Ontario MPP, France Gélinas, says a well-designed basic income policy could help women stay home if they want to take care of their aging parents.
Gélinas, an MPP with Ontario’s New Democratic Party (NDP) and a health critic for her party, says women in the 50-65 age bracket often find themselves in the difficult position of placing their mother or father in a long term care home.
“Many women – and let’s be honest, it’s mostly women who would choose this – would love to stay home and take care of their moms and dads,” says Gélinas.Read more
Progressive Conservative MPP, Julia Munro, says the very nature of work is changing so rapidly that societies are having difficulty figuring out how to respond.
Munro, who is the PC critic for the government’s Poverty Reduction Strategy, says the “nature of work has changed so much.”
“Everything has always been pinned on our work – our employment. It’s the way we have defined ourselves for so long,” she says.Read more
In late 2016, the Ontario government announced its intention to carry out a basic income pilot project in communities across the province. In response, a range of authors and experts have examined how variations of the model could benefit the one in eight Canadians who live in poverty.Read more
When Smiths Falls councillors voted late last year against lobbying the provincial government to be considered for the upcoming guaranteed income pilot project, the decision set off a maelstrom in the struggling eastern Ontario town.
On Tuesday the debate moves to Ottawa where officials from the Ministry of Community and Social Services will hold a public consultation session about the pilot project they hope to launch later this year.
If you're not familiar with the province's plan to try out the concept of a guaranteed income, here are five things you should know.Read more
Fifty years ago, MPP Cheri DiNovo’s father was involved with the Basic Income movement in Canada.
That shows the longevity of an idea that has refused to die, she says, as Ontario and other jurisdictions in Canada and around the world contemplate moving forward with some kind of minimum income guarantee.
While the NDP’s DiNovo is very supportive of the idea of a Basic Income for Ontarians, she is adamant it must bring people over the poverty line and that it be created in tandem with stronger workplace standards.Read more
By Scott Santens
Consider for a moment that from this day forward, on the first day of every month, around $1,000 is deposited into your bank account – because you are a citizen. This income is independent of every other source of income and guarantees you a monthly starting salary above the poverty line for the rest of your life.
What do you do? Possibly of more importance, what don’t you do? How does this firm foundation of economic security and positive freedom affect your present and future decisions, from the work you choose to the relationships you maintain, to the risks you take?
From Davos, listen and watch a conversation with Guy Standing, author of The Precariat: The New Dangerous Class and other works, on the rise of a financially insecure and alienated class.
Guy Standing warns that the rapid growth of the precariat is producing instabilities in society. It is a dangerous class because it is internally divided, leading to clashes with immigrants and other vulnerable groups. Its members may be susceptible to the siren calls of political extremism. He argues for a new politics, in which redistribution and income security are reconfigured and in which the fears and aspirations of the precariat are made central to a progressive strategy.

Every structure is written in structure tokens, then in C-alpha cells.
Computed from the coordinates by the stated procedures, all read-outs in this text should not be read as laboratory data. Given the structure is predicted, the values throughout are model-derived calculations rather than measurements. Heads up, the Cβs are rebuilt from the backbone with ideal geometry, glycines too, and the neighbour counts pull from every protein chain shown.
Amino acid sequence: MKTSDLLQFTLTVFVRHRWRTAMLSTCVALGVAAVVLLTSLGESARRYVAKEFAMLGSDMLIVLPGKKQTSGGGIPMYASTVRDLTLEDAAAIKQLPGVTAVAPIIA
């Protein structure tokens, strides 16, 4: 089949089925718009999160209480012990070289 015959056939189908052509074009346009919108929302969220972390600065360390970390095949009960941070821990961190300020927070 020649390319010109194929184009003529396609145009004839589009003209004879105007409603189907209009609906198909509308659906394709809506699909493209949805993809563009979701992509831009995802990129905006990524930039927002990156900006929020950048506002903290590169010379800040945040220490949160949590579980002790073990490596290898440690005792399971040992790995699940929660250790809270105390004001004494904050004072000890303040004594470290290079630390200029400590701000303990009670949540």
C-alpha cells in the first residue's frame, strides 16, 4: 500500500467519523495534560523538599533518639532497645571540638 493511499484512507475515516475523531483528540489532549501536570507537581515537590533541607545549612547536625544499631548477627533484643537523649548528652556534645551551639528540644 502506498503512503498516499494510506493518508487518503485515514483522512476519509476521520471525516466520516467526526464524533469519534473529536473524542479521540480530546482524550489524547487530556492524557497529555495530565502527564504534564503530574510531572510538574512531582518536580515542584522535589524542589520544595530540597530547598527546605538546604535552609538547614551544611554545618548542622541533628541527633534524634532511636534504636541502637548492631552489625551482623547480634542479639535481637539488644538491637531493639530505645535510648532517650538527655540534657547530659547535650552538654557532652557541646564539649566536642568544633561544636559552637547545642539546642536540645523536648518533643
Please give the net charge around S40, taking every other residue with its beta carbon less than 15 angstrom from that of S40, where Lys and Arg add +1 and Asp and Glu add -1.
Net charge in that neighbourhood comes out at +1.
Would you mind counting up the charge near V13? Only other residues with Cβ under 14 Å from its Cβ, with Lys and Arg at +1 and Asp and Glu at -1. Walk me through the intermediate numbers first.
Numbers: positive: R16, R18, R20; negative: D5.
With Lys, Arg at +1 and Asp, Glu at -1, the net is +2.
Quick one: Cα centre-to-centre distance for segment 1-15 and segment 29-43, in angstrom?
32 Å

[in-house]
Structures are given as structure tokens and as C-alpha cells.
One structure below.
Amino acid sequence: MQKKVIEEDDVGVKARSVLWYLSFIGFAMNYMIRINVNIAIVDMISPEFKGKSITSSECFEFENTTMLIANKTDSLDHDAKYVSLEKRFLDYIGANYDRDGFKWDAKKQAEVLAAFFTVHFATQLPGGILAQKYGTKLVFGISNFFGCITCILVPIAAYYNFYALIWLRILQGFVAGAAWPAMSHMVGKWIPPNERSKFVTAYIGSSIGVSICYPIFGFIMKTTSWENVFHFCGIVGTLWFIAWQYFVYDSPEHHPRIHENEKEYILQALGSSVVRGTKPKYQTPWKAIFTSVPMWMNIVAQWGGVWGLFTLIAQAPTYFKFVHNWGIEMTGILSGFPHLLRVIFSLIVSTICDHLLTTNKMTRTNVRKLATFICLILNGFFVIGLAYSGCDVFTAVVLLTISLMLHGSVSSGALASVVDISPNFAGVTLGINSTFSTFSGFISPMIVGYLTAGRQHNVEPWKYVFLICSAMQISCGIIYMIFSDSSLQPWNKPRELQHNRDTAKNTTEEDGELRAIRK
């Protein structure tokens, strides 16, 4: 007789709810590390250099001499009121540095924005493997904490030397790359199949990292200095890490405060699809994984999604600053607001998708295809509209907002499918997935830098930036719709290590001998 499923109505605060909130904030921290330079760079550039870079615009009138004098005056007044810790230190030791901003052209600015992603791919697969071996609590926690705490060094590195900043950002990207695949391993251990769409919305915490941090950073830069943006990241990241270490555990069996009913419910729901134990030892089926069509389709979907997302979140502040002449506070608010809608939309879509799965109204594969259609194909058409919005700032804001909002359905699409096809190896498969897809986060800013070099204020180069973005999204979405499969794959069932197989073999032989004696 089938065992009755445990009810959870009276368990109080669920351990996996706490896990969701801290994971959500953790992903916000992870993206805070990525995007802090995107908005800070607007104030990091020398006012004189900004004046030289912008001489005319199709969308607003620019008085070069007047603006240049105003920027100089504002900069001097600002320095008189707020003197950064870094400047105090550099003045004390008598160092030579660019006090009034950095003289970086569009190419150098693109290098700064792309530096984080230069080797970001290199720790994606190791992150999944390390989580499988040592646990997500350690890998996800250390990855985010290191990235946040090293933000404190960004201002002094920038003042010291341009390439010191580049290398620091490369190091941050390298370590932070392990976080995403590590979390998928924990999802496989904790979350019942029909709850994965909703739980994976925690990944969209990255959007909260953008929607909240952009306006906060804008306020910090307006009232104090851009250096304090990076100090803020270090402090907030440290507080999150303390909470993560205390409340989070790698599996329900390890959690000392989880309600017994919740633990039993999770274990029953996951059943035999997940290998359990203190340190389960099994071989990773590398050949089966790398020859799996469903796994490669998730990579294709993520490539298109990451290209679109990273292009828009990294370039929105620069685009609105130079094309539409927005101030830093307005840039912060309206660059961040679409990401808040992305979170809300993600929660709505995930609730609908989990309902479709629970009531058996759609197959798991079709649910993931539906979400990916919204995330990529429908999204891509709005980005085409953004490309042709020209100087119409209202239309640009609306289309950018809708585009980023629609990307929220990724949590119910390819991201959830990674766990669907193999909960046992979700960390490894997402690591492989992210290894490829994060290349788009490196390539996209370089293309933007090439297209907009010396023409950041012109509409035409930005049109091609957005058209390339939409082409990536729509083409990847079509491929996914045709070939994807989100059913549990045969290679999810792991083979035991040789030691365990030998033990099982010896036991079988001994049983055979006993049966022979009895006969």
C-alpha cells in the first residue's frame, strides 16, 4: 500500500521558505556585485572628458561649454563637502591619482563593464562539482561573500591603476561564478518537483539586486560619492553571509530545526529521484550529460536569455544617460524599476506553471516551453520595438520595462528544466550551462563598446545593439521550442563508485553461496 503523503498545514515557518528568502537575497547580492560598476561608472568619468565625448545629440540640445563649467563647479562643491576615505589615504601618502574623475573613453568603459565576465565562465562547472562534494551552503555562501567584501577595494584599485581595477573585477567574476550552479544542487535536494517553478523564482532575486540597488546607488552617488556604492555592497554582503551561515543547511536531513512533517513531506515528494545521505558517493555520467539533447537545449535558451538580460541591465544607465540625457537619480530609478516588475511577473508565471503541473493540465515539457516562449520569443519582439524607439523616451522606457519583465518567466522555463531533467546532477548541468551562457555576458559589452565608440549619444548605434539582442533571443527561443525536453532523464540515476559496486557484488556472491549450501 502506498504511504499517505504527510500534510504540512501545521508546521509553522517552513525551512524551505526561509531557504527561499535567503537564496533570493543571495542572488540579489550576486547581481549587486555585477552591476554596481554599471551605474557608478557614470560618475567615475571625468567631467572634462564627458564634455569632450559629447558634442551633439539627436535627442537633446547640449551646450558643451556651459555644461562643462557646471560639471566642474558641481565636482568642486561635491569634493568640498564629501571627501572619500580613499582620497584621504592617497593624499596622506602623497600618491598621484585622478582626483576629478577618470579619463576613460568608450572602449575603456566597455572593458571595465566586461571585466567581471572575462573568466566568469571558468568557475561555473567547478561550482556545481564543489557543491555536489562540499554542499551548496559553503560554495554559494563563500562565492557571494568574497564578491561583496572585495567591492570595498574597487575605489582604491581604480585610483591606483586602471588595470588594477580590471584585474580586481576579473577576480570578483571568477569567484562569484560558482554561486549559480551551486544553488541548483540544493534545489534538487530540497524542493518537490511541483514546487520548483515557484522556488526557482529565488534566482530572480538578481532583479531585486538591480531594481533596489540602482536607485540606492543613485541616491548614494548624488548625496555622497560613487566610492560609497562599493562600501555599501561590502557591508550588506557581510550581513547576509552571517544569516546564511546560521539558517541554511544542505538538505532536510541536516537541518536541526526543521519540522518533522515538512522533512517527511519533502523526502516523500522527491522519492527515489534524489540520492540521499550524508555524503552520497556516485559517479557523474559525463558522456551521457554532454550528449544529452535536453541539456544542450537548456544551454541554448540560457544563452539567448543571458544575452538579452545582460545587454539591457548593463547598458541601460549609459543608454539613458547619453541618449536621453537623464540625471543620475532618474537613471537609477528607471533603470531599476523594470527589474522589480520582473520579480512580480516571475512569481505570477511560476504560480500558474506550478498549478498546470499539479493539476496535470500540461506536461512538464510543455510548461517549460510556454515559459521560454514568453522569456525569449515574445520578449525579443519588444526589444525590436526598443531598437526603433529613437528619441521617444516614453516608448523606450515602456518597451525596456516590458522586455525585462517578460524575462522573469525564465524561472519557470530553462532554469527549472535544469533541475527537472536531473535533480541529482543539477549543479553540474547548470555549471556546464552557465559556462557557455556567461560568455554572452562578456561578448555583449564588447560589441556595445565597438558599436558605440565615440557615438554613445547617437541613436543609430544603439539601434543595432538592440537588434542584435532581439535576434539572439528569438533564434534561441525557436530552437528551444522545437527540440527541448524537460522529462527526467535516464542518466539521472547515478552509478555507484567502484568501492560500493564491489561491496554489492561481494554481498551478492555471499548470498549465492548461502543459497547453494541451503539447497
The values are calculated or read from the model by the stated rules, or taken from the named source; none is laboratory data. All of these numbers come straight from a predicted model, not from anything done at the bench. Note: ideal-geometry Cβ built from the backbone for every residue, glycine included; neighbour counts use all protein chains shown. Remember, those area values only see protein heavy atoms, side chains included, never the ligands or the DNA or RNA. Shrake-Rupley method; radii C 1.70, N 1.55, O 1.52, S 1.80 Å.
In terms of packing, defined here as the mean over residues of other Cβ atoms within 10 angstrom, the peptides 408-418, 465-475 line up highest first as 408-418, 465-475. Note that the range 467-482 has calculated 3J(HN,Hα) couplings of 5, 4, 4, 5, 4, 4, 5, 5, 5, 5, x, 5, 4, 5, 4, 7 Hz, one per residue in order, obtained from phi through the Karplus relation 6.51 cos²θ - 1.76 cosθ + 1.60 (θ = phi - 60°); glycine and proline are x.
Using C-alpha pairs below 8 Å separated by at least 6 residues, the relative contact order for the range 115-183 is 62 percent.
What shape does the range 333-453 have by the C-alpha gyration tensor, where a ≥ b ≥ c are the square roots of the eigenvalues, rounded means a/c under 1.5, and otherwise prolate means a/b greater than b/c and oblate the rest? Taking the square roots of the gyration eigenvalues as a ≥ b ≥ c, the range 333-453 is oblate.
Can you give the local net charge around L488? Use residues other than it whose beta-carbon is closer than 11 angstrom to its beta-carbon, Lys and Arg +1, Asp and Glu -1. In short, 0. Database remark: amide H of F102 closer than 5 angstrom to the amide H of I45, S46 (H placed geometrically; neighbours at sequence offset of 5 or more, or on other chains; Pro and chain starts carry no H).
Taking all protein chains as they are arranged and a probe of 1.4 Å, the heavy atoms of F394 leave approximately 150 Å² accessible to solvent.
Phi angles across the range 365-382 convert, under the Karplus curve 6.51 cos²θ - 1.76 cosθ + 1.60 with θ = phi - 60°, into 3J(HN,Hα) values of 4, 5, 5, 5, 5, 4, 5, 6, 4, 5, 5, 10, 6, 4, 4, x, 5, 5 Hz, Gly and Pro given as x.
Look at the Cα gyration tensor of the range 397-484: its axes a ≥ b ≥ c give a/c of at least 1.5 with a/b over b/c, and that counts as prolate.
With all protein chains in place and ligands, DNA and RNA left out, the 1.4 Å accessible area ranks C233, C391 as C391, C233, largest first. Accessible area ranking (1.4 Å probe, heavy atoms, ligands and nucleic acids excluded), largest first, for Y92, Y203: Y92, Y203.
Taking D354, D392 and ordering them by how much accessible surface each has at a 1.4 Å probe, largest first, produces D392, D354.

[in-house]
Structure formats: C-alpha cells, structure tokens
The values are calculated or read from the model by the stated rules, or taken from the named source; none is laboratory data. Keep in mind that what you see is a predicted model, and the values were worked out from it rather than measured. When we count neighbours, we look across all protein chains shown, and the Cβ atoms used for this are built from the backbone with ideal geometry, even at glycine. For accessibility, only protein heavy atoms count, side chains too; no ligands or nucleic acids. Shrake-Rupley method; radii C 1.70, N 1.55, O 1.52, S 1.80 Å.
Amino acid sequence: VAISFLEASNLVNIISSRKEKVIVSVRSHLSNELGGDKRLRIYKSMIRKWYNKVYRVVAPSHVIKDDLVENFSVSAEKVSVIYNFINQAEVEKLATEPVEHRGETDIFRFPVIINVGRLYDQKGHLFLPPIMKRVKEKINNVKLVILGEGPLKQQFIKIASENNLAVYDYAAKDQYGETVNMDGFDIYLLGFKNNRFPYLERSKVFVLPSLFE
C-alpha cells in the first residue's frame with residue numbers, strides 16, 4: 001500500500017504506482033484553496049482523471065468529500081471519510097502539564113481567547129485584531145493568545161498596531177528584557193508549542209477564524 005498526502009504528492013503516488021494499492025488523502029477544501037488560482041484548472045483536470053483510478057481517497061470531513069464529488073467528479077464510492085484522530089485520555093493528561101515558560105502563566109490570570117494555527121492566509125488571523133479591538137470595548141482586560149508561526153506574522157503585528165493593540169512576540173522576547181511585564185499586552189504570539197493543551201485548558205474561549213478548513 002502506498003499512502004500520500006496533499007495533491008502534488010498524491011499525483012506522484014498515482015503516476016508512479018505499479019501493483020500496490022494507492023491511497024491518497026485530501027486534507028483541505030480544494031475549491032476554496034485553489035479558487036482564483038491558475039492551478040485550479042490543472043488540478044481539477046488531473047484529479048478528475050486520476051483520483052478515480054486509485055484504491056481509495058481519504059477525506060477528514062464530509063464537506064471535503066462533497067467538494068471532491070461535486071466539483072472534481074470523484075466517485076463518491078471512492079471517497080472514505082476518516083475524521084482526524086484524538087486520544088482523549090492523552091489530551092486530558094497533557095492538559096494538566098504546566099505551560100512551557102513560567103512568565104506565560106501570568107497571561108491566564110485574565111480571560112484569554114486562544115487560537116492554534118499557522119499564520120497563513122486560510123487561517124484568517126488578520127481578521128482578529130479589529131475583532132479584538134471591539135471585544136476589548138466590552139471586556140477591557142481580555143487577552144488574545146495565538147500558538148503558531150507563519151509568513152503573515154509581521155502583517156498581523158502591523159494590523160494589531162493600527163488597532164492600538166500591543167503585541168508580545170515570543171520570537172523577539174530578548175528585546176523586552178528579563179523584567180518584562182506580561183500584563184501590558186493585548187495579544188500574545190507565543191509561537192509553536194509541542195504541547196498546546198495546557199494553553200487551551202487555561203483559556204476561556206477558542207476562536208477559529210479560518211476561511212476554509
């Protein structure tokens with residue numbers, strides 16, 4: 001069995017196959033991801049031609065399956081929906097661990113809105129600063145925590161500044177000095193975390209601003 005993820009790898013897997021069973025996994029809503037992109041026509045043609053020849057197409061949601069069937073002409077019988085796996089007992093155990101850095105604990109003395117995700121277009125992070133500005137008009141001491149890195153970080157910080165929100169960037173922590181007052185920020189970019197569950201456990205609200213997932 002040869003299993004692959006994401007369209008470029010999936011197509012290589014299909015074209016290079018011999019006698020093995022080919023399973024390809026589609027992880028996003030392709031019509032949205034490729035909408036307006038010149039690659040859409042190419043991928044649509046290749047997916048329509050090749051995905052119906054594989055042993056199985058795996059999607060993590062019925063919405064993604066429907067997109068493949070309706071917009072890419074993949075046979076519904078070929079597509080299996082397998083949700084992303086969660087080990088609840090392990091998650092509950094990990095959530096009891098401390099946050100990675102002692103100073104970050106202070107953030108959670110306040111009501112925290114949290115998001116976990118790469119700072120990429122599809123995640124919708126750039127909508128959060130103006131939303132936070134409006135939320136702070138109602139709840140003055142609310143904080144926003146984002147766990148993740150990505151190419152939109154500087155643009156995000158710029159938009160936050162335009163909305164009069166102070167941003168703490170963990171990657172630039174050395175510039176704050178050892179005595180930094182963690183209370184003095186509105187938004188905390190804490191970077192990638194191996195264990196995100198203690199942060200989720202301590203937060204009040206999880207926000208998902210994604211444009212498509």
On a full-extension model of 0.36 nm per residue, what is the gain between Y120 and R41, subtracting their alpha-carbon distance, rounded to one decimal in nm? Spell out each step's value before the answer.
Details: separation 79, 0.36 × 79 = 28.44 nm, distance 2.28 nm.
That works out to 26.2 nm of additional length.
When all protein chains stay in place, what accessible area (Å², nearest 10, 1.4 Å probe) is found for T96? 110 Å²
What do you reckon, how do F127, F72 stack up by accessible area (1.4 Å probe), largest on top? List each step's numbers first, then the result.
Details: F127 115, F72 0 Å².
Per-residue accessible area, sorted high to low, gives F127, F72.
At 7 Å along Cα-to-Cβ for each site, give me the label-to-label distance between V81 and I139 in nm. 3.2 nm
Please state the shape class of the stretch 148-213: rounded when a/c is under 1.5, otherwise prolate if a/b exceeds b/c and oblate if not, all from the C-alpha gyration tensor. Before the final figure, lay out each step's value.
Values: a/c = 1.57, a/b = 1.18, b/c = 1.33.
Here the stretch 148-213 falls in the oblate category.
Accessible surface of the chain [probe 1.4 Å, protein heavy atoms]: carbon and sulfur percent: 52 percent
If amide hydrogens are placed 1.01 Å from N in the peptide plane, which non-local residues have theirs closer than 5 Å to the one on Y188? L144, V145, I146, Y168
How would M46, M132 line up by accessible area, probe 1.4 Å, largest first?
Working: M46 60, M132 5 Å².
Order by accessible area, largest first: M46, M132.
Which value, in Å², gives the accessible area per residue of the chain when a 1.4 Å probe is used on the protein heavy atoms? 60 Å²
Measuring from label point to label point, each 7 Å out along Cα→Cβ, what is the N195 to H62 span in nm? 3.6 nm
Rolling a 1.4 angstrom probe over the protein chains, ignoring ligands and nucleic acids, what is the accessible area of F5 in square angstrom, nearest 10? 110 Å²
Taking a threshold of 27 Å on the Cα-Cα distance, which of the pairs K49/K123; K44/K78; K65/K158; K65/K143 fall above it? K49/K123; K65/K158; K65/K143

A CBC story has highlighted that more than three-quarters of the world’s workforce have insecure, part-time, or temporary jobs, according to the International Labour Organization. That means that only 25 percent of the world’s population is doing stable, full-time work.
To watch the video, click here.
In this sixth episode of Upstream Radio, the team speaks with Dr. Evelyn Forget, Armine Yalnizyan and Dr. Danielle Martin (pictured) about the costs and benefits of a Canadian basic income policy, including opportunity costs, focusing on what it could all mean for our health.
By John Rondina
Carole Anne Knapp, recently took up a placard and marched out onto Beckwith Street in her Ontario home town of Smith Falls. She wanted to raise awareness about basic income, and Smiths Falls’ vote on Ontario’s basic income pilot. City council had decided it didn’t even want to be in the running for the pilot, and that didn’t make sense to Knapp.
Her sense of how basic income could help the people of Smiths Falls comes from her own personal experience as a caregiver.
“I’ve been an advocate for basic income for years,” she says.
“I lived with my mom when she had cancer,” she explains. “I was her caregiver. She was very sick and sleeping a lot. I got online and stumbled across the concept of basic income.”Read more
The Toronto Star
The two richest Canadians have the same amount of wealth as the poorest 30 per cent of the country combined, according to a new report from a group of international aid organizations.
The Oxfam report says the wealth of billionaire businessmen David Thomson and Galen Weston Sr. equals that of about 11 million Canadians.
The group of organizations, under the banner group Oxfam International, published its report “An Economy for the 99%” ahead of the World Economic Forum in Davos, Switzerland, which begins Tuesday. The report also said that the world’s eight richest people have as much wealth as the poorest 50 per cent of the world’s population.Read more